> In article <>,


    >
    > It doesn't sound like that's going to work reliably. Data

    existing and
    > data flowing aren't the same thing. I think what you need

    is a message
    > dispatcher thread, or demultiplexer if you want to call it

    that,
    > handling the stream. It will route heartbeats off to their

    handler and
    > app data off to another handler. Being that it operates

    independently
    > of app data streams, it will be able to identify exactly

    the last time
    > and type of data that passed through.


    That sounds like it could help with something I'm doing
    reading messages from a serial port. There are about 20
    message types that require slightly different handling
    depending on the message identifier byte. I don't really
    want the message dispatcher to have to know about all
    the different handlers and the "standard" listener pattern
    means that all handlers receive all messages and ignore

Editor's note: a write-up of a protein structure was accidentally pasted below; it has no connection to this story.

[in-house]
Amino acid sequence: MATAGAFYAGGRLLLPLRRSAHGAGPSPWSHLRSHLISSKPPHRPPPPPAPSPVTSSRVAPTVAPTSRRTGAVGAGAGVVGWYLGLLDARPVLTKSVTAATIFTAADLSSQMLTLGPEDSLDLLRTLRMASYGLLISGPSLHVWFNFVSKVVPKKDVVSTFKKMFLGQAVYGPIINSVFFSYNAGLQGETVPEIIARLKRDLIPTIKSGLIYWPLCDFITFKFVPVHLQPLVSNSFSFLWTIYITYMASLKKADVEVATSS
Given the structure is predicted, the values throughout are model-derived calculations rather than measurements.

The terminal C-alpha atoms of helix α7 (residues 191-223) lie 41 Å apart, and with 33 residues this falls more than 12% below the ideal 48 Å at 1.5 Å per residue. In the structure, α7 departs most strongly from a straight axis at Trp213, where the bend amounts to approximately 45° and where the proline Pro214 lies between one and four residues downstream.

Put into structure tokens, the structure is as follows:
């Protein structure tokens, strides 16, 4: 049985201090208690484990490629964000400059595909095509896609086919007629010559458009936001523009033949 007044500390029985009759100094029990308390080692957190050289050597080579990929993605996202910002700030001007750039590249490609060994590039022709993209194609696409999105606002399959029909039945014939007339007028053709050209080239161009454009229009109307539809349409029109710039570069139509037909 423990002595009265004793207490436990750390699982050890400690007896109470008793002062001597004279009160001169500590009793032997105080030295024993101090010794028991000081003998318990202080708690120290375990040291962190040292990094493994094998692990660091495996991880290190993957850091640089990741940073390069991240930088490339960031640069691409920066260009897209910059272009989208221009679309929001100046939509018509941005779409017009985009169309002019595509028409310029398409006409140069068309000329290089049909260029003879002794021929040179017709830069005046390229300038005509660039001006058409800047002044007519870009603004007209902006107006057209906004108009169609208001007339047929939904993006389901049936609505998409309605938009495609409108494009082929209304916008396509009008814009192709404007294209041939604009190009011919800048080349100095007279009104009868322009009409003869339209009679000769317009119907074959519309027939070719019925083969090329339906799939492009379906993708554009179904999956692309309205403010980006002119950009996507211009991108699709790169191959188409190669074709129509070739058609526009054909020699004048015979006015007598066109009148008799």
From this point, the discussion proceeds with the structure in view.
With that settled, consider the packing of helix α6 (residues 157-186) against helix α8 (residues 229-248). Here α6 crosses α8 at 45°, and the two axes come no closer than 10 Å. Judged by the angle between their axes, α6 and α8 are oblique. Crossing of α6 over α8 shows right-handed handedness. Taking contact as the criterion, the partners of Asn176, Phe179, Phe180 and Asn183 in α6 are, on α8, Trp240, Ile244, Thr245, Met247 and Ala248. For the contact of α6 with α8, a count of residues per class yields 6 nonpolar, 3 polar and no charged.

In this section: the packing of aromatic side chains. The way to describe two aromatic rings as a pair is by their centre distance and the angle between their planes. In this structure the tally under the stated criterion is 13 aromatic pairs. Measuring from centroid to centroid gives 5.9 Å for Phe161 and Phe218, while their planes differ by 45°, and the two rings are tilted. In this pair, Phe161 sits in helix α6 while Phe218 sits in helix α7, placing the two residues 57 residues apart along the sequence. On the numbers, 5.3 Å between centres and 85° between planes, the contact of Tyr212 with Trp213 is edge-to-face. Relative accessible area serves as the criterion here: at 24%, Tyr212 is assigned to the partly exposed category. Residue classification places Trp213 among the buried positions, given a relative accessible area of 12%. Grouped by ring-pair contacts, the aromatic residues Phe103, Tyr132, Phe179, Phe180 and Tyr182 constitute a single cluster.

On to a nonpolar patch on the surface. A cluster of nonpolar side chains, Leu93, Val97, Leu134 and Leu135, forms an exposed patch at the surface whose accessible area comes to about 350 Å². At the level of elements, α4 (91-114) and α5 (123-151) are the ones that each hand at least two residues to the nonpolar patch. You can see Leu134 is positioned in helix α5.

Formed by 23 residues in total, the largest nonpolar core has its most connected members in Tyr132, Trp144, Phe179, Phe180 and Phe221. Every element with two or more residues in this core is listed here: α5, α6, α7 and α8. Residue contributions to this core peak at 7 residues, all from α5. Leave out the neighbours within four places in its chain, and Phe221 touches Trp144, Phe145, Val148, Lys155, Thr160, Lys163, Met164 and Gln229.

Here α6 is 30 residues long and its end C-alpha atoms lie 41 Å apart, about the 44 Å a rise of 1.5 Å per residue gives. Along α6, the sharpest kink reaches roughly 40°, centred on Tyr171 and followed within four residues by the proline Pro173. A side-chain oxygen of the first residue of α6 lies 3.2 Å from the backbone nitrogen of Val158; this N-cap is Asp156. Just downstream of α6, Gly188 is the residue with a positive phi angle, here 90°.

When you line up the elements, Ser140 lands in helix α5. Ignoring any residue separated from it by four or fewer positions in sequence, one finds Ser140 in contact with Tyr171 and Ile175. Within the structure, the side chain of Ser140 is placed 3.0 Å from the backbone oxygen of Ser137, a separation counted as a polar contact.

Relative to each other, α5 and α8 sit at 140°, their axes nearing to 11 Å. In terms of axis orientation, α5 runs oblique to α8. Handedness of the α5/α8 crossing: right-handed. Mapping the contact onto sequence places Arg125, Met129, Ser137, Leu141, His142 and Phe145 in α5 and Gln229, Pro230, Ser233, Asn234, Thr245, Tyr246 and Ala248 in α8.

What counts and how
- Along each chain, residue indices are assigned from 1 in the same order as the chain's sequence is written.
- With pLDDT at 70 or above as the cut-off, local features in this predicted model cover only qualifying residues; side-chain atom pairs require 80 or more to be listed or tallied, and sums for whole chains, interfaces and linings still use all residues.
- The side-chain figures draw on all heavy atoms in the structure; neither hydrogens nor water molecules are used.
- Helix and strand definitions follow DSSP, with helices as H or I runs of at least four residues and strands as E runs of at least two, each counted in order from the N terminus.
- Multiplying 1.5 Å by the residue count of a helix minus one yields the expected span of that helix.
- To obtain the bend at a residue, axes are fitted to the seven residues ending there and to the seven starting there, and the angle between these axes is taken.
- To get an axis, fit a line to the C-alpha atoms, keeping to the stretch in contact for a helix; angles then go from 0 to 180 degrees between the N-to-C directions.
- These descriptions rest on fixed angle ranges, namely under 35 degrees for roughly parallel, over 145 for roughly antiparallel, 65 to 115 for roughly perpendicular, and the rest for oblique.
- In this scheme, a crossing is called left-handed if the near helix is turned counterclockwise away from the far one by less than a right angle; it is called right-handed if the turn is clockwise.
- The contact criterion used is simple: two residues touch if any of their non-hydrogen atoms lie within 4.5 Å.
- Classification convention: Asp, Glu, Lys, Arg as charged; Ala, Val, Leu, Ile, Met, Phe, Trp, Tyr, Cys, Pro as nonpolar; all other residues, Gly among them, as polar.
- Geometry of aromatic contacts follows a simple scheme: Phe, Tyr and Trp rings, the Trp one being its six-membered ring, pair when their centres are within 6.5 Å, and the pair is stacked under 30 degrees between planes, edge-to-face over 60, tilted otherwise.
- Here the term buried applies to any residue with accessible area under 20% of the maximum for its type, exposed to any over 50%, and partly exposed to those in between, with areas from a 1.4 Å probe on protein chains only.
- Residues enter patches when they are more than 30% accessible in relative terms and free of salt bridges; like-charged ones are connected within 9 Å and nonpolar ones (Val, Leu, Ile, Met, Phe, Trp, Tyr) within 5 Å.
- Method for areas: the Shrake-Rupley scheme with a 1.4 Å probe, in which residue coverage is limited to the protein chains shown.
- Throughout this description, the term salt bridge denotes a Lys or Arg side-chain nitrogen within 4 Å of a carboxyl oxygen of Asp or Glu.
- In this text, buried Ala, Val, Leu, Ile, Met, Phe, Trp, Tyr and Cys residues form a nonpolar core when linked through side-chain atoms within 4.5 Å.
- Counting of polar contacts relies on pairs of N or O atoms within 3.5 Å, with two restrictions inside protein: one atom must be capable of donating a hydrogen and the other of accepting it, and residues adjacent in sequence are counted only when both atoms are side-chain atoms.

those that they don't want which seems wasteful. What I
    think I'd like to be able to do is to register a listener
    for a specific message id. Is there anything available that
    I could extend or would I have to roll my own

    Regards
    Gilbert, Oct 7, 2009
    #2
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  3. Kevin McMurtrie

    Tom Anderson Guest

    On Thu, 8 Oct 2009, Gilbert wrote:

    > Kevin McMurtrie wrote:
    >
    >> It doesn't sound like that's going to work reliably. Data existing and
    >> data flowing aren't the same thing. I think what you need is a message
    >> dispatcher thread, or demultiplexer if you want to call it that,